These two sets of orbitals are therefore found at two different energy levels. The energy difference between them is called the octahedral field splitting, \(\Delta_o\). Because the total amount of repulsion is the same in the octahedral field and the spherical field – it is just distributed differently – the average energy level of the orbitals should be the same in the two fields. This average energy of the orbitals is called the barycenter, a term borrowed from astronomy. Because two of the orbitals are raised above the barycenter in the octahedral field and three are lowered below the barycenter, then the \(e_g\) set must be \(\frac{3}{5}\Delta_o\) (\(=0.6\Delta_o\)) above the barycenter and the \(t_{2g}\) set must be \(\frac{2}{5} \Delta_o\) (\(=0.4\Delta_o\)) below the barycenter. That means the average energy lies at the barycenter.

    A parameter called the crystal field stabilization energy (CFSE) was developed to assess the energy difference between the metal ion in an octahedral coordination geometry and a spherical field. To determine CFSE, we simply add up the energy of all the electrons relative to the energy level of electrons in the spherical field, in units of \(\Delta_o\). For an octahedral case:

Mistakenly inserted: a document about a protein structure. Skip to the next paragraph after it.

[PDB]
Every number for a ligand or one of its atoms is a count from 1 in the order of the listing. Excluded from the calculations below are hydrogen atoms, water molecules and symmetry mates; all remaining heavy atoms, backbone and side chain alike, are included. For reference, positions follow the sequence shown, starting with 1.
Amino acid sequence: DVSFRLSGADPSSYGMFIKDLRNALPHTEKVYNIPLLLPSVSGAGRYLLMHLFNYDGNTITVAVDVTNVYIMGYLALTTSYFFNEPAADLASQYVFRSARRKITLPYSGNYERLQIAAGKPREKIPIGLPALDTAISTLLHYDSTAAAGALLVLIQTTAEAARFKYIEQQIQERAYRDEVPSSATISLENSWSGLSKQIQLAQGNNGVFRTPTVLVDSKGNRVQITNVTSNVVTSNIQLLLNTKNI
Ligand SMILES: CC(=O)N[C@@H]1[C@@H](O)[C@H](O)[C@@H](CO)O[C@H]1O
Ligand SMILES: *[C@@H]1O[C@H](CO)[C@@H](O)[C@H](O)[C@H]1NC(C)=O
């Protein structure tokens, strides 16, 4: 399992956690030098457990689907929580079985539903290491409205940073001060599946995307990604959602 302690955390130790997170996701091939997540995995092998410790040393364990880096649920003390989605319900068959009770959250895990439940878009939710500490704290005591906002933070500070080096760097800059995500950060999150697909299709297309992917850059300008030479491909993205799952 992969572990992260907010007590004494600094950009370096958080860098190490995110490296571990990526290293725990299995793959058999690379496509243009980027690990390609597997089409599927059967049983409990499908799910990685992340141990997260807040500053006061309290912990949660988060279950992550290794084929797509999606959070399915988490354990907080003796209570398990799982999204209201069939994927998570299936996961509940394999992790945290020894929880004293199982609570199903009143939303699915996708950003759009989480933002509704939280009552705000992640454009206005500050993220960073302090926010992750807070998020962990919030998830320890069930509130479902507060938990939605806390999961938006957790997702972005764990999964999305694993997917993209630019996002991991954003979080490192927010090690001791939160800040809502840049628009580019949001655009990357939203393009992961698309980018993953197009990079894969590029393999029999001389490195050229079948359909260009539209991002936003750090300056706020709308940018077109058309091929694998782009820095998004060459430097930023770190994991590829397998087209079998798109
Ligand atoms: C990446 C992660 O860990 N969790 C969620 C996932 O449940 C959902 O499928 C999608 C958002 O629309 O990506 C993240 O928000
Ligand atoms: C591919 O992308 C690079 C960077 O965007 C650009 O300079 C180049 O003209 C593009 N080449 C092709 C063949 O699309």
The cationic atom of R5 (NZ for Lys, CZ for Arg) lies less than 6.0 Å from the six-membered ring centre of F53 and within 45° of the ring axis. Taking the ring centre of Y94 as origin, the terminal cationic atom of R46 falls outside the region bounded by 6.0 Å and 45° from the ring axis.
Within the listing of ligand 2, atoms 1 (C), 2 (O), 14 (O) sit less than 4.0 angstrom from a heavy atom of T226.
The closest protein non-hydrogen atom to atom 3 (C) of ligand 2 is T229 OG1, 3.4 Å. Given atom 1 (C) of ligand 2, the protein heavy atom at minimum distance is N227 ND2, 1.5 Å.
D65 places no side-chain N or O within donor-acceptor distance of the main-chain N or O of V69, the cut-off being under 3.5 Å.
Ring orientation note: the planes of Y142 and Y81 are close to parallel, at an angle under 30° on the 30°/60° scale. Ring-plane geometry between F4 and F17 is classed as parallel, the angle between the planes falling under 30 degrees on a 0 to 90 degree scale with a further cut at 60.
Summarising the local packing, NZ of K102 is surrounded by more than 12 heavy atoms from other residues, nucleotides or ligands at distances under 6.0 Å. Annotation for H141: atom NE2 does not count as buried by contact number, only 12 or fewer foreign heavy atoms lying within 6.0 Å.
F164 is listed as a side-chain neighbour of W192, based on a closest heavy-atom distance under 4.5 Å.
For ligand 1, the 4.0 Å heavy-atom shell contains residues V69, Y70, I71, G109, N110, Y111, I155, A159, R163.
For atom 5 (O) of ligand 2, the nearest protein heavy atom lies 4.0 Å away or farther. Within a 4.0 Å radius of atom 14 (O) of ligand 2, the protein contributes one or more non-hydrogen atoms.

\[ \text{CFSE}= \left[ \frac{2}{5} \left( \text{# of electrons in } t_{2g}\right) + \frac{3}{5} \left( \text{# of electrons in } e_g \right) \right] \times \Delta_o \nonumber \]


    Exercise \(\PageIndex{1}\)

    Determine the crystal field stabilization energy (CFSE) in the following octahedral ions:

    a) \(\ce{V^3+}\) b) \(\ce{Ni^2+}\) c) \(\ce{Cr^3+}\) d) \(\ce{Zn^2+}\)

    Answer a

    \(\ce{V^3+}\) is \(d^2\), with two electrons in the \(t_{2g}\) and zero electrons in \(e_g\).

    CFSE = \([2(-0.4) + 0(0.6)]\times \Delta_o = -0.8\Delta_o\)

    Answer b

    \(\ce{Ni^2+}\) is \(d^8\), with six electrons in \(t_{2g}\) and two electrons in \(e_g\).

    CFSE = \([6(-0.4) + 2(0.6)]\times \Delta_o = -1.2\Delta_o\)

    Answer c

    \(\ce{Cr^3+}\) is \(d^3\), with three electrons in \(t_{2g}\) and zero electrons in \(e_g\).

    CFSE = \([3(-0.4) + 0(0.6)]\times \Delta_o = -1.2\Delta_o\)

    Answer d

    \(\ce{Zn^2+}\) is \(d^{10}\), with six electrons in \(t_{2g}\) and four electrons in \(e_g\).

    CFSE = \([6(-0.4) + 4(0.6)]\times \Delta_o = 0\Delta_o\).

    This page titled 9.4: Crystal Field Theory is shared under a CC BY-NC 4.0 license and was authored, remixed, and/or curated by Chris Schaller.